A poll that had input from more than 11,000 people in February found that about two-thirds of Americans worried that the US would become "engaged in a major war in the next four years."
The poll, carried out by NBC News and Survey Monkey, determined that 36% of Americans were very worried, 30% were worried, 25% not too worried, and only 8% were not worried at all. But when looked at along party lines, a stark divide emerged.
A whopping 88% of Democrats expressed worry over a major war. Only four in 10 Republicans felt the same way.
The US showed greater unity on the issue of alliances, with 62% supporting alliances even if that means compromising and 80% of respondents supporting NATO.
The partisan divide was alive and well, however, on the issue of the US's main geopolitical adversary, Russia. While 61% of Americans thought of Russia as unfriendly or as an enemy to the US, only 49% of Republicans felt that way compared with 76% of Democrats.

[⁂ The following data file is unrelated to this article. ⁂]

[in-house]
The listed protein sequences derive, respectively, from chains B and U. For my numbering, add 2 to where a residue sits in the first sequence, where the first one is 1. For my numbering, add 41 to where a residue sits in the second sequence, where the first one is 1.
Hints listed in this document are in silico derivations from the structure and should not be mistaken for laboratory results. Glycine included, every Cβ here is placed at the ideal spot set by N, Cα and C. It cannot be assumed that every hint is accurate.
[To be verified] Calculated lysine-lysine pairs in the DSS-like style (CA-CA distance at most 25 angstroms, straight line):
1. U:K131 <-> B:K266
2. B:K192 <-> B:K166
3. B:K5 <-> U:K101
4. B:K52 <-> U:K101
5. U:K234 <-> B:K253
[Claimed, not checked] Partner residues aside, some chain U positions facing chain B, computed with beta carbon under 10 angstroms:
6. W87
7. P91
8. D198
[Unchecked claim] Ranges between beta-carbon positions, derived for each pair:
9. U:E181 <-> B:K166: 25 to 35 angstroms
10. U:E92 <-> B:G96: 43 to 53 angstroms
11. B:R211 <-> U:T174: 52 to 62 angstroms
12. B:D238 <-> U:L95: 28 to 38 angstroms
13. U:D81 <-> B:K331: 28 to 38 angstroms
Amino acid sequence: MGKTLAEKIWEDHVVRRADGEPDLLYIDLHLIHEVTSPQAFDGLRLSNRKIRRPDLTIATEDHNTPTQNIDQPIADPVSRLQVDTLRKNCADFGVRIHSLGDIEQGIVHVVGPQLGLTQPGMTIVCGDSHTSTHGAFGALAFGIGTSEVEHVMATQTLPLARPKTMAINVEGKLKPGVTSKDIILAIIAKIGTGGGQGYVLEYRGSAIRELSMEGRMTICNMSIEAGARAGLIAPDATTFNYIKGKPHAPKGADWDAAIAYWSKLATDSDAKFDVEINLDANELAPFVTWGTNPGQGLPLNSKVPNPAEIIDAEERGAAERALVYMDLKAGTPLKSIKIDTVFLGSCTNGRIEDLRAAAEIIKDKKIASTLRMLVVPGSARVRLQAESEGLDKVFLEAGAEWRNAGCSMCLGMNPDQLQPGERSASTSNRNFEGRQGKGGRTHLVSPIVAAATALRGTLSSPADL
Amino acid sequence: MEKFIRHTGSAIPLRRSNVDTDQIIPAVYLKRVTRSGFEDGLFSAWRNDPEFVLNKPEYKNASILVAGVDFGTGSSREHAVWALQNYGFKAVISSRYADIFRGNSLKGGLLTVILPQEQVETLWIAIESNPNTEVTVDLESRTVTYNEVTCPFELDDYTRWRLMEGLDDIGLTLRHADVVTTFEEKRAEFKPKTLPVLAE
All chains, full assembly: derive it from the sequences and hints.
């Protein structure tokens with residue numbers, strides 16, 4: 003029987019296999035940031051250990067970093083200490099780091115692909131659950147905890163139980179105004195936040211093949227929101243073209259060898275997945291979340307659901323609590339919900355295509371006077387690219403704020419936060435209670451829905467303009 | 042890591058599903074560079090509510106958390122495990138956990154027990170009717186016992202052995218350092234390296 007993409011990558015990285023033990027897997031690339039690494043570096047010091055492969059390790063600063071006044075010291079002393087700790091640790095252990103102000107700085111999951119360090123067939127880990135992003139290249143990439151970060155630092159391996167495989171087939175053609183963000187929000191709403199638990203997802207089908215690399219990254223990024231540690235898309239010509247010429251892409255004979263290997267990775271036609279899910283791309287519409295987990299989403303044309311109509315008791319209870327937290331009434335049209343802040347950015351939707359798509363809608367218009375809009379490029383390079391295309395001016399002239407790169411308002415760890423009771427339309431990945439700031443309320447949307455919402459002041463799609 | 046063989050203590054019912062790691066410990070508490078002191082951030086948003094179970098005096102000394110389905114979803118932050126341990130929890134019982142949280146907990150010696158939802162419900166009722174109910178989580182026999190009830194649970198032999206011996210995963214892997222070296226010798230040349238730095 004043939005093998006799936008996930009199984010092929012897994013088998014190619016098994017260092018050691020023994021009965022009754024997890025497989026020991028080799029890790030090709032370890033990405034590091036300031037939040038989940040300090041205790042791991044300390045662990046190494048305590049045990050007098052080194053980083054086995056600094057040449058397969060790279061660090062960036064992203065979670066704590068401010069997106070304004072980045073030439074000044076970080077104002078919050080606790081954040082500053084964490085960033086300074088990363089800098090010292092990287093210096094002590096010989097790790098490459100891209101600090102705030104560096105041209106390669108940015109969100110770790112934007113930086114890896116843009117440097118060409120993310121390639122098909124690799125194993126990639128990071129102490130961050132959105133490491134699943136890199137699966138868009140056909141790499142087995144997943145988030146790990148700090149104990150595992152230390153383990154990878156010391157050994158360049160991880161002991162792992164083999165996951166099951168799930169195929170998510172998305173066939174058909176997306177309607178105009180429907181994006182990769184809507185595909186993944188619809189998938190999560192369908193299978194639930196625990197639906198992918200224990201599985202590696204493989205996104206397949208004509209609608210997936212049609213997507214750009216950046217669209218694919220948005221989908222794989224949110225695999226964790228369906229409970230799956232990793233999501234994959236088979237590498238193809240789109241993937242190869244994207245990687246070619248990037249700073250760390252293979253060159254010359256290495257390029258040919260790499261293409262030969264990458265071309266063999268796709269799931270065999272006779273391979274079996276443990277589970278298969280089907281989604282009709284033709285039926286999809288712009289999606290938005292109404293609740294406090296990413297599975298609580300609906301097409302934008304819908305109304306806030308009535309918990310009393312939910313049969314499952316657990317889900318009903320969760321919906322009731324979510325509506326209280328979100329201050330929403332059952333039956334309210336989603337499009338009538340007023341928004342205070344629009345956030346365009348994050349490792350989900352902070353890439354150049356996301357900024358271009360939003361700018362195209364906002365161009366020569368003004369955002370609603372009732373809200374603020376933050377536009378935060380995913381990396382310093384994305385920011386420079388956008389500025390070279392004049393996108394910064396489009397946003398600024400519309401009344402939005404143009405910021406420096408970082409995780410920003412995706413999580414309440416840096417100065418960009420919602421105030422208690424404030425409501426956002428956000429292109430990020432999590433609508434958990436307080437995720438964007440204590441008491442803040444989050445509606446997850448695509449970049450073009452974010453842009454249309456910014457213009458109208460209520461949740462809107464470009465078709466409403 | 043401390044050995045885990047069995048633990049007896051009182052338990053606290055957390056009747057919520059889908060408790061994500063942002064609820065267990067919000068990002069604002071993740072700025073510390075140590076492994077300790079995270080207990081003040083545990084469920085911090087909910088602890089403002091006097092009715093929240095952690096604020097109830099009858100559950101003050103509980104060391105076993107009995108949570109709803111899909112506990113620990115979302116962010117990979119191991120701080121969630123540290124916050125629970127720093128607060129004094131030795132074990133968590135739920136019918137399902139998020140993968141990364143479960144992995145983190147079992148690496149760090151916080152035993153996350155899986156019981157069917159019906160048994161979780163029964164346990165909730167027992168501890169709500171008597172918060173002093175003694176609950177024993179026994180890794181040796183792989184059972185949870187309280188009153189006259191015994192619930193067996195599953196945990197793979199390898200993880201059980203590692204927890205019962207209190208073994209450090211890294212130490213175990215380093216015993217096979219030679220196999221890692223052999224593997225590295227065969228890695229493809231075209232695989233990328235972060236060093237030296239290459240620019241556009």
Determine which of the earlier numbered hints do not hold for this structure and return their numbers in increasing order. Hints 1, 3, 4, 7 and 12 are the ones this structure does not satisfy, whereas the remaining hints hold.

Seventy-three percent of Republicans ages 18 to 29, who grew up after the Cold War, thought of Russia as an ally or friend, while 69% of Republicans ages 65 and up thought of Russia as unfriendly or an enemy.
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